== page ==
The Denver Post says that law enforcement agencies in Wyoming, inspired by neighboring Colorado’s effort to toughen DNA preservation standards, are taking similar steps. Wyoming legislators plan to explore police evidence-handling procedures and ways they can be standardized to ensure testable biological samples are available when prisoners wage innocence claims, the paper says. Last week, a Colorado task force announced it will recommend a new law creating a process for storing and preserving biological materials collected in major felony crimes. Currently, police agencies wield wide discretion in how they oversee forensic evidence, sometimes storing samples in closets or even lunchroom refrigerators.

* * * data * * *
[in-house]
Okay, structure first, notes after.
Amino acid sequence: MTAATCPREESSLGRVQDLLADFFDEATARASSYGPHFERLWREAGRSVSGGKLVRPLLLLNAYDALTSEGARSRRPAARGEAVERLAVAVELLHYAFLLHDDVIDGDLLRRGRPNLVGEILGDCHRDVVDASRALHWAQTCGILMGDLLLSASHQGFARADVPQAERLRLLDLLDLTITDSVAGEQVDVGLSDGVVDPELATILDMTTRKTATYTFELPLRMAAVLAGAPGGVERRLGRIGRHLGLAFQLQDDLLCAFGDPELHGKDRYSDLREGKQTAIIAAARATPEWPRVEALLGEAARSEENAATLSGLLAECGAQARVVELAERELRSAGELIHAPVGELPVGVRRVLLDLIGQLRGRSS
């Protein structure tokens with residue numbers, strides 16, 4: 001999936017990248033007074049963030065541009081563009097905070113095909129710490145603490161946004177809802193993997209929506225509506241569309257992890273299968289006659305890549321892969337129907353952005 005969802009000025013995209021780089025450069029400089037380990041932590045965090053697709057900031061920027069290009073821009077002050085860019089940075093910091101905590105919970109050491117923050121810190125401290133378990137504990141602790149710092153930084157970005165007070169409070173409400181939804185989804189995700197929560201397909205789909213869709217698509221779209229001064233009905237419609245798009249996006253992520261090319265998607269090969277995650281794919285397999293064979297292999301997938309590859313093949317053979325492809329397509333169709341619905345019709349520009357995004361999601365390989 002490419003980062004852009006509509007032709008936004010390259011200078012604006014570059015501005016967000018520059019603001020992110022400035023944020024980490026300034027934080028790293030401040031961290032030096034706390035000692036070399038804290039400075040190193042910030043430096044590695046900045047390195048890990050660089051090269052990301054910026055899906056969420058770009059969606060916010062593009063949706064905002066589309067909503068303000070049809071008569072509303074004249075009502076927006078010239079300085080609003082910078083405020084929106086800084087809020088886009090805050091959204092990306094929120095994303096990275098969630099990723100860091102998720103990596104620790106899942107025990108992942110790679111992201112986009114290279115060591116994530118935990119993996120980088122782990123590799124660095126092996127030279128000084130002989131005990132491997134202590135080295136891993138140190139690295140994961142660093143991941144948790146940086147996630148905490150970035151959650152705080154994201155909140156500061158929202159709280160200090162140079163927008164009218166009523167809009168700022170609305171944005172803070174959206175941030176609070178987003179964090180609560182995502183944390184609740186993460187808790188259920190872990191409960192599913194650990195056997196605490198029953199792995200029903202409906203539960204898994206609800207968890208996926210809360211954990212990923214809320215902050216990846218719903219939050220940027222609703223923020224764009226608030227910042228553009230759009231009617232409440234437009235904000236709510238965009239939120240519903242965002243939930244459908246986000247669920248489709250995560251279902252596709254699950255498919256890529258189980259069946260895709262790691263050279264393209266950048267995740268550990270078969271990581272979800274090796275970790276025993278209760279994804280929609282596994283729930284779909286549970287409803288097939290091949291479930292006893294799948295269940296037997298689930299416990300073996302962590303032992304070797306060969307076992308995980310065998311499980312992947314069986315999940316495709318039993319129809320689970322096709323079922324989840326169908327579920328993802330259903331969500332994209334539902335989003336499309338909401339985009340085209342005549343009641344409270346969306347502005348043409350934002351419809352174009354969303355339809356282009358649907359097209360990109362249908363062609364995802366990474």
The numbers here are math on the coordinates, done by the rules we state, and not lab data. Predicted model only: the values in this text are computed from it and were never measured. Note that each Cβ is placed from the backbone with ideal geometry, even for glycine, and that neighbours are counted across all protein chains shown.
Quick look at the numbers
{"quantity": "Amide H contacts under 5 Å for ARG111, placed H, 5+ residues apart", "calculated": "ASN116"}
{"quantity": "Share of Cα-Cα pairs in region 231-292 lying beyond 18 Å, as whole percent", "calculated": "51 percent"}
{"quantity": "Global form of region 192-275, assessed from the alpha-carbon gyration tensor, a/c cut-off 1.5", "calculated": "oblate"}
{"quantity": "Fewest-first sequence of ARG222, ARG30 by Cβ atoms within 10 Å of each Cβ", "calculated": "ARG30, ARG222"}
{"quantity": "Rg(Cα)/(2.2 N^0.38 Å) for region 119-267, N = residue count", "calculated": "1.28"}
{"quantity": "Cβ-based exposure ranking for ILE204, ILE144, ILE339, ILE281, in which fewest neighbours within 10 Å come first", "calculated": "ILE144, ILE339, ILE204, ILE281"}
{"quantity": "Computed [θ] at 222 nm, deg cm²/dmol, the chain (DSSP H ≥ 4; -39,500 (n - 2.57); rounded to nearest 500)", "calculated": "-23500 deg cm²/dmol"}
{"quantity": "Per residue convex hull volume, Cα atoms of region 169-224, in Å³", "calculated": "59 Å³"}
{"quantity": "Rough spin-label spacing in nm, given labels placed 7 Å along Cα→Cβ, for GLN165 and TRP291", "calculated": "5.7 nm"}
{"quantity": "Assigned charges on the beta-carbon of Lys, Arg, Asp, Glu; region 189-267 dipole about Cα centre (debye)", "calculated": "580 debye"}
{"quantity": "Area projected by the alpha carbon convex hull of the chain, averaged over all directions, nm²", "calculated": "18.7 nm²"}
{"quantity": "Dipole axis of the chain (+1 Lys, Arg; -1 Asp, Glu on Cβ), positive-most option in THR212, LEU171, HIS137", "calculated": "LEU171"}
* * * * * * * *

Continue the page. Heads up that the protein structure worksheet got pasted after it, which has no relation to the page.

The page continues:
In dozens of Colorado cold cases, the specimens have been discarded or lost, derailing investigations. “There is a lot of room for error in storage alone,” said Wyoming Rep. Deborah Alden, R-Wheatland. “We’ll be reviewing legislation that will set the standards for DNA testing, storage and accessibility.”